TUTMANYeah, this is a really big street fight going on. And there's an opportunity next, I think, Tuesday for public hearings at the - in front of the county council where they'll decide, where they're deliberating. You can't have a robust economy if you don't have clean air, clean water and open space. Those things all go hand in hand. I think there's a blizzard of pressure coming from vested interest, business interest to try and have a very permissive -- I'm trying to be polite about this because, you know, I'd like to be respectful of these other people's point of view. But the ideas that they don't really want to comply with comparable -- the same comparable types of regulations that exist in the adjacent counties. They're arguing that you can't have redevelopment. They're arguing that you can't have smart growth.
NNAMDIThey say the regulations would discourage builders, according to the president of the Maryland National Capital Building Industry. Builders will have to face strict guidelines if the proposed regulations are adopted, which are likely to cost more and make developers less likely to work in the county as it tries to build up it's 15 Metro stations in inner beltway communities. Montgomery County has had such regulations since the mid-1980s. The hearing, by the way, is October 26 in Prince George's County.
TUTMANAnd that's exactly right. My dad's birthday, in fact. You know, that's interesting that you caught that, because it's true that the builders have to comply with these types of regulations in other places, so why not Prince George's? Why should Prince George's be the ugly stepsister? Why should it be the place of second resort for environmental quality? If you want to have a great economy, you got to have great standards to accompany it. I think that's what makes sense.
NNAMDIBut here's the temptation, I suspect, for Prince George's Count Legislators, to try to attract investment by having more lax regulations.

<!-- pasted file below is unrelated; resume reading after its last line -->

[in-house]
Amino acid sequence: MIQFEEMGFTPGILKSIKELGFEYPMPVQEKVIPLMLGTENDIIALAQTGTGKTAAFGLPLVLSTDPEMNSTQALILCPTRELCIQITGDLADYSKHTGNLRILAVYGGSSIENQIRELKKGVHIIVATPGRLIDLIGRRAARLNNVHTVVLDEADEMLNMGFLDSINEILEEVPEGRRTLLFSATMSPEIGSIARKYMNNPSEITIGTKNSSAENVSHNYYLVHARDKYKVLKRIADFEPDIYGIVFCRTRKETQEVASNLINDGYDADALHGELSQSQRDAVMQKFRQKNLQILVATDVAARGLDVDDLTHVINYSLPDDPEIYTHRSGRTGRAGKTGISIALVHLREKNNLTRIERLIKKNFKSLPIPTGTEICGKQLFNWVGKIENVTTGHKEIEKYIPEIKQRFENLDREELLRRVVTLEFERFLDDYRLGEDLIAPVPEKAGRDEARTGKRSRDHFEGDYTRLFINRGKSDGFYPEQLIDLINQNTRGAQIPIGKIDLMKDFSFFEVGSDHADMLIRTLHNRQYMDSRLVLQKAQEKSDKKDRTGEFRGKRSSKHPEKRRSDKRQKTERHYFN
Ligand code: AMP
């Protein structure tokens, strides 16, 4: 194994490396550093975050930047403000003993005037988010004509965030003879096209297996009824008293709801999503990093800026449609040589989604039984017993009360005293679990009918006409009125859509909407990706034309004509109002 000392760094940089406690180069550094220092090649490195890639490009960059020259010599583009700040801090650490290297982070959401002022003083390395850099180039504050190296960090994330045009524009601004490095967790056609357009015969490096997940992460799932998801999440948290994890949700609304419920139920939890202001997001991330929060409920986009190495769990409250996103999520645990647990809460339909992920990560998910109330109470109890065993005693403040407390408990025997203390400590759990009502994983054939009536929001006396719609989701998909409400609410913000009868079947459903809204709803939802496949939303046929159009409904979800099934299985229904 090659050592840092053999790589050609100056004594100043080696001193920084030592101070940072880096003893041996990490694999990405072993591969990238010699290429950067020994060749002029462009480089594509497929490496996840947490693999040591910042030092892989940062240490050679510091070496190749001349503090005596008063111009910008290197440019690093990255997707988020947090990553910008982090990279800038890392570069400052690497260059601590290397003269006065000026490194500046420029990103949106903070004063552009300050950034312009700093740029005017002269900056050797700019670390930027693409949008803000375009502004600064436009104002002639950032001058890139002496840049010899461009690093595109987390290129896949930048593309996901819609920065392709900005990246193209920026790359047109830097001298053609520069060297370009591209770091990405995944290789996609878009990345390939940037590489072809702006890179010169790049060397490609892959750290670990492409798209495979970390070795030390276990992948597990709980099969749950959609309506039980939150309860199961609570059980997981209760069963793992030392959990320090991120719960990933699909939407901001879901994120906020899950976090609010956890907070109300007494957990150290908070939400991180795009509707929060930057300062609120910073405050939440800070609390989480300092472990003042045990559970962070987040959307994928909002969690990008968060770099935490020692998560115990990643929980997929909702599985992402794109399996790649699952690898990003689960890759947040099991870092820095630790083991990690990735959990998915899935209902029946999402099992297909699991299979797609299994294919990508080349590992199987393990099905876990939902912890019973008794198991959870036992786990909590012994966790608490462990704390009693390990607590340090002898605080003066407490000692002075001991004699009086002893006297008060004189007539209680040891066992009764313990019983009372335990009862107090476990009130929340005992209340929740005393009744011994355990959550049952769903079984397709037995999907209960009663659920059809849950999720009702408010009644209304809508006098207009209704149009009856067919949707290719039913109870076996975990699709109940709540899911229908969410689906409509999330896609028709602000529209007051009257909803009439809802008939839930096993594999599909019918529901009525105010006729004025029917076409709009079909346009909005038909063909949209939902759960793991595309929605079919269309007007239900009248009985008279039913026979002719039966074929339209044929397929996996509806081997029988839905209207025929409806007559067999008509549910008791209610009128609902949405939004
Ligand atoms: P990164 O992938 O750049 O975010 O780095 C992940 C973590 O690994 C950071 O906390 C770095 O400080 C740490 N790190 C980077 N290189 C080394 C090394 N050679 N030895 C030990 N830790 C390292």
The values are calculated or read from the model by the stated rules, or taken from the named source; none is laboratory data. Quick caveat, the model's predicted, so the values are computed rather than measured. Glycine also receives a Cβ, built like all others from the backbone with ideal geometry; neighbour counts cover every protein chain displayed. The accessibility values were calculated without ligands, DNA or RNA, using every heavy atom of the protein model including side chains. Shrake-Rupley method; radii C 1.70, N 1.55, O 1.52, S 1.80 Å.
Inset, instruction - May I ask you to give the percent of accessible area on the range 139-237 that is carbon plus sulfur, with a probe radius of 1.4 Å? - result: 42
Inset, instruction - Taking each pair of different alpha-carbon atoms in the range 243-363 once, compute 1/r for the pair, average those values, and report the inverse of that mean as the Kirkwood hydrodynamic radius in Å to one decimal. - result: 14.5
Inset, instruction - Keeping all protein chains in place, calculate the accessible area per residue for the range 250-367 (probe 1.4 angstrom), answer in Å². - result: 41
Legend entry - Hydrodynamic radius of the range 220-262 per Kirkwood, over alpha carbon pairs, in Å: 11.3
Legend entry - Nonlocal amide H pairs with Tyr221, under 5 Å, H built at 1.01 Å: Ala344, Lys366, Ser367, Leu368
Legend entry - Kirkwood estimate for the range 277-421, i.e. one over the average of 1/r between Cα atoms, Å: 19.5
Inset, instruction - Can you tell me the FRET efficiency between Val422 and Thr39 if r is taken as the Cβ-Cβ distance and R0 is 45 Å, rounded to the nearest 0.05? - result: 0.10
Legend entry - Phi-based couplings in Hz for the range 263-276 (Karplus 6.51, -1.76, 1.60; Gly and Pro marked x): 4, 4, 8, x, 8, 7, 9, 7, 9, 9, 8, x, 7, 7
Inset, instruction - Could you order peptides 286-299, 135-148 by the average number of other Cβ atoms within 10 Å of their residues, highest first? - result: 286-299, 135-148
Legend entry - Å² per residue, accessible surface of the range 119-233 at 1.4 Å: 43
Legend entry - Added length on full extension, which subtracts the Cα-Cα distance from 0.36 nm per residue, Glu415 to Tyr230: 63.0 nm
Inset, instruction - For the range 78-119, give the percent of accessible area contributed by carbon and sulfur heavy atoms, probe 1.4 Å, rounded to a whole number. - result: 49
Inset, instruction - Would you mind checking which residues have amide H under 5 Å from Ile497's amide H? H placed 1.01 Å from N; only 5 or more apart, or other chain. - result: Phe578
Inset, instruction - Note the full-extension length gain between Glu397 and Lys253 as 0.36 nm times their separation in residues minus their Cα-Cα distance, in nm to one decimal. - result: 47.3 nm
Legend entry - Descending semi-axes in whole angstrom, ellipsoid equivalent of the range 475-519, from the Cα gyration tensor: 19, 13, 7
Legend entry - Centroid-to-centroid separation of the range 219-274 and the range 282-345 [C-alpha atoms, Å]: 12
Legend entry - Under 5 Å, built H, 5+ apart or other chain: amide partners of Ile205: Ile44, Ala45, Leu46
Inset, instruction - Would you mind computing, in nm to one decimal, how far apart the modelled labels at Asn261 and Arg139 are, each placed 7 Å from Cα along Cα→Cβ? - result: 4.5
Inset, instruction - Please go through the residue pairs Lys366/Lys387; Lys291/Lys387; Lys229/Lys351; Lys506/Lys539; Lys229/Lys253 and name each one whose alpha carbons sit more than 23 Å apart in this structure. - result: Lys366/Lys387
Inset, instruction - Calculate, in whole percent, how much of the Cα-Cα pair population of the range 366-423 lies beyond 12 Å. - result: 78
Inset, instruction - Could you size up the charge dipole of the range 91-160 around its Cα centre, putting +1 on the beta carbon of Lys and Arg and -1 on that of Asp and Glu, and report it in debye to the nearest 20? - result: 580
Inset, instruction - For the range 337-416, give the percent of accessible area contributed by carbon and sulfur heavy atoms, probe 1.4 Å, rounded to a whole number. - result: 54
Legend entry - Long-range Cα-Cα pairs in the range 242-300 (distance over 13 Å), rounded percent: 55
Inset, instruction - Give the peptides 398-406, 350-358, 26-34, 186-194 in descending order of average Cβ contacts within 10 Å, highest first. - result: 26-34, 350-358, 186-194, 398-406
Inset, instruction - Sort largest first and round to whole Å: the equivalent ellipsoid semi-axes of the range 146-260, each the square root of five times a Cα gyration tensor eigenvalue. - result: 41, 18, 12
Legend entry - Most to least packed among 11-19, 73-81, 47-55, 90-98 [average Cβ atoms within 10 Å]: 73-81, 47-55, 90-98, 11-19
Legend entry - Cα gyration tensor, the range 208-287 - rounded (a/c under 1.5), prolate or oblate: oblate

TUTMANAnd that's an intriguing dimension that really is worth talking about publicly. It's kind of telling the people don't really want to talk about and what I call the sucking effect. We're trying to suck growth from other places by having less stringent standards, which is bizarre. I mean, that doesn't make much sense at all. We're really robbing Peter to pay Paul, because we pay on the back end for bad standards and lower standards by having to clean up these waterways and having to retrofit them and fund this up. There's a billion-dollar backlog in a couple of these counties in the region of stuff they haven't figured out how to fund excesses from past years. So how in the world are we gonna deal with the new stuff if we can't even deal with the stuff that's already piled up on our backlog.
NNAMDIAnd the notion that what the problem is in the Patuxent River, the factories that are spewing dangerous chemicals, that's not where the majority of the pollution is coming from now. It's coming from our driveways and our developments and our parking lots.
TUTMANAnd then it's so counterintuitive for people. You know, as a riverkeeper, you get to be, like you said earlier, intimate with the watershed. You see, if you just fly, for example, along Route 301, you can look from the air and see how the runoff, just from a central highway, is feeding rivers of water, every time it rains, into little side channels and ditches and culverts. You know, when you drive down a road after not just a 10-year or a 100-year flood, but a simple rainstorm and find that the water has washed out the water -- the roadbed. It's bizarre that we have disconnected our perspective away from Mother Nature, to the extent that we think we can trump her simply by slapping some concrete on it. You know, George Carlin used to make all these jokes about, you know, the planet is not going anywhere. It's us that's in trouble. And that's, I think, where we are. We really have to get closer. I don't wanna be a -- and now I sound like a real tree-hugger here or a fish-kisser, but we really have to get back to Mother Nature and emulate her rhythms or his rhythms, depending on...
NNAMDIBring up the late George Carlin. Nobody is gonna accuse you of that. Here's Abby in Gaithersburg, Md. Abby, you're on the air. Go ahead, please.